The Razer Naga X and the Razer Naga V2 HyperSpeed are MMO gaming mice with a similar shape and comparable gaming performance in the same lineup. The Naga X is an older wired-only model. It's significantly lighter and uses optical switches for its left-and right-click buttons. It also has RGB lighting. On the other hand, the Naga V2 HyperSpeed is a wireless model that uses AA batteries for power. It also has two additional buttons on the outside edge of the left-click button and uses mechanical switches. Its scroll wheel has left- and right-tilt inputs and a free-scrolling mode, which the Naga X lacks.
The SteelSeries Aerox 9 Wireless and the Razer Naga V2 HyperSpeed are wireless MMO gaming mice. The SteelSeries is significantly more lightweight and has a honeycomb body design. On the other hand, the Razer has a solid plastic shell and a few more programmable buttons. Its scroll wheel also has left- and right-tilt inputs and a free-scrolling mode. Unlike the SteelSeries, which has a rechargeable internal battery, the Razer uses AA batteries for power.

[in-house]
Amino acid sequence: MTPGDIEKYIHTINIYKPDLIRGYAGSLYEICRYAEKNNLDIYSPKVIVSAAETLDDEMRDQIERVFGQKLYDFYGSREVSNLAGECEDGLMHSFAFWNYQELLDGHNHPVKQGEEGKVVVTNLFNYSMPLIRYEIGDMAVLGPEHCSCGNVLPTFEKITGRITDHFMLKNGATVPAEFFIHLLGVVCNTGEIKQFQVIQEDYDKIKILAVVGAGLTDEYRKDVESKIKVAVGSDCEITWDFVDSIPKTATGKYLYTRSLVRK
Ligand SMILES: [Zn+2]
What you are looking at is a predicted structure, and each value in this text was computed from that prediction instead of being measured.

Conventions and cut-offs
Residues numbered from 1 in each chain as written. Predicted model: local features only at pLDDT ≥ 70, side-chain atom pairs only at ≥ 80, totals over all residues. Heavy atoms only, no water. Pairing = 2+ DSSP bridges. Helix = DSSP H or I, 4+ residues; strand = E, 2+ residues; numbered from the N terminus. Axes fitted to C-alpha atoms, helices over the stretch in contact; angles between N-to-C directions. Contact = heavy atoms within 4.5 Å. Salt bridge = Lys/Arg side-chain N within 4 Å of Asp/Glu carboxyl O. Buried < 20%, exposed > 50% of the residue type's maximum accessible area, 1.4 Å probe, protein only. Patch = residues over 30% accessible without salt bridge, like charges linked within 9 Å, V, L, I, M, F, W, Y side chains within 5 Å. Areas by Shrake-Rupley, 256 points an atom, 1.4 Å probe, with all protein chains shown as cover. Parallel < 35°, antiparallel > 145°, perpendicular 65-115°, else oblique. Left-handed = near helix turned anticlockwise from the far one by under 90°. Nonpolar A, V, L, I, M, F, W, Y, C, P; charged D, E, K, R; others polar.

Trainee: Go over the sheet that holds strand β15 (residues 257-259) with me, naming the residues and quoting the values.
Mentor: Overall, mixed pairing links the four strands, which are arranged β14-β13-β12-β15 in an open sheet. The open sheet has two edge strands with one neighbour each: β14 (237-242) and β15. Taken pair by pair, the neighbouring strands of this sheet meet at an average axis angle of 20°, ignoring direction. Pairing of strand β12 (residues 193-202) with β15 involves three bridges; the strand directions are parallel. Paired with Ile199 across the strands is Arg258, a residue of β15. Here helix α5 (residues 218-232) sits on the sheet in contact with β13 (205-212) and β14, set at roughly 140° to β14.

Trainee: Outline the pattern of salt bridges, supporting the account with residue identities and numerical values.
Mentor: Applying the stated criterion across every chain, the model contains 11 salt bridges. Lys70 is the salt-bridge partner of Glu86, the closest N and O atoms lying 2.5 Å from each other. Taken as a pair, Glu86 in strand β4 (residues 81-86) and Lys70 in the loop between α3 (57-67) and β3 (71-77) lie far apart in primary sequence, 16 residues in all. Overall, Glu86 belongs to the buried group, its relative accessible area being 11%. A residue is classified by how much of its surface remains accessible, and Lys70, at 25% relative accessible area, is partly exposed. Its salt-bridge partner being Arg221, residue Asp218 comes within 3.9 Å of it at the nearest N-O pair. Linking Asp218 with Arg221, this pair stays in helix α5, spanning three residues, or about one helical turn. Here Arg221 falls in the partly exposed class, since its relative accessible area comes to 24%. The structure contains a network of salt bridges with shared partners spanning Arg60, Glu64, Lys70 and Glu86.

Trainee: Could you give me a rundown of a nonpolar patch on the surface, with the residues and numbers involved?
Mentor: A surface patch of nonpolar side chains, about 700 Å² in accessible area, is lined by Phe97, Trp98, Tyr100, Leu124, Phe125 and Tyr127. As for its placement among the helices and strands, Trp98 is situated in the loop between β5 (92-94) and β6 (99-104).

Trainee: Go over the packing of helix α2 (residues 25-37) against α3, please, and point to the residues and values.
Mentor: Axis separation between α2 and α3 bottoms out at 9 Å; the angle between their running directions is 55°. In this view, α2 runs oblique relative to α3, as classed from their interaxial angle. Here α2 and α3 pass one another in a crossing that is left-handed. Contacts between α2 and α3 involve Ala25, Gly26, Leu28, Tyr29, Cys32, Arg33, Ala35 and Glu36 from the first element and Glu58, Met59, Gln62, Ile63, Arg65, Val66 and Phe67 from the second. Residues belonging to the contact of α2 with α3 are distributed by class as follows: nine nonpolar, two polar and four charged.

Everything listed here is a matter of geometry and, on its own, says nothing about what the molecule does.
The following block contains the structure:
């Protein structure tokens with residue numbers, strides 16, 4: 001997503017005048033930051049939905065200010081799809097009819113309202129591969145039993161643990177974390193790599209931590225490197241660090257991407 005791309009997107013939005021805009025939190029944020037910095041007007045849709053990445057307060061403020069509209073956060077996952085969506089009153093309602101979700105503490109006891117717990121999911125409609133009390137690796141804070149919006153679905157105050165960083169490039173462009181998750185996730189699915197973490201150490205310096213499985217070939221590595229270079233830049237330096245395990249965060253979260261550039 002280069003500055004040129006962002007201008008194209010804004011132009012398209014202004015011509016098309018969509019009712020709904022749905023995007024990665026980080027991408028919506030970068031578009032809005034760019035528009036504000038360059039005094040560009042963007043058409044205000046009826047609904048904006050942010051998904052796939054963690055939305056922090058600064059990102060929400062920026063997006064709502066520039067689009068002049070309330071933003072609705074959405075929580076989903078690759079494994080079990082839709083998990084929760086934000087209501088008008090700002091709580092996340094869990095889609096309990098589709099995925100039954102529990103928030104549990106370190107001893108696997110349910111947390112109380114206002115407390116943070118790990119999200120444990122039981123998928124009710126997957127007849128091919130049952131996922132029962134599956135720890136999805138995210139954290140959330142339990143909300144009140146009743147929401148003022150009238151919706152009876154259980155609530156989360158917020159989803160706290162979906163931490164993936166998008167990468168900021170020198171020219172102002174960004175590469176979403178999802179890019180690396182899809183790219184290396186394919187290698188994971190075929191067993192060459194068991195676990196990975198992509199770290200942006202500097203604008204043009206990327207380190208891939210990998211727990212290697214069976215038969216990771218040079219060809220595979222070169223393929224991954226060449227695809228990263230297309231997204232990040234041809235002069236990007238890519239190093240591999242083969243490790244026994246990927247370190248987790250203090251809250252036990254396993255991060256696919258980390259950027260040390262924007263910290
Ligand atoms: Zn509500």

The Razer Naga V2 HyperSpeed and the Corsair SCIMITAR RGB ELITE are MMO gaming mice. The Razer is a wireless model that uses AA batteries. It has a few more programmable buttons overall and significantly better-quality mouse feet. Its scroll wheel also has left- and right-tilt inputs and a free-scrolling mode. On the other hand, the Corsair is a wired-only model. It's more lightweight, and its 12-button side panel cluster can be adjusted forward or back to accommodate your hand size.
The Razer Naga V2 HyperSpeed looks very similar to the Razer Naga V2 Pro and older models in the Razer Naga series. Its body is made of matte black plastic, and there are glossy black accent areas near the scroll wheel and a chrome accent on the scroll wheel itself.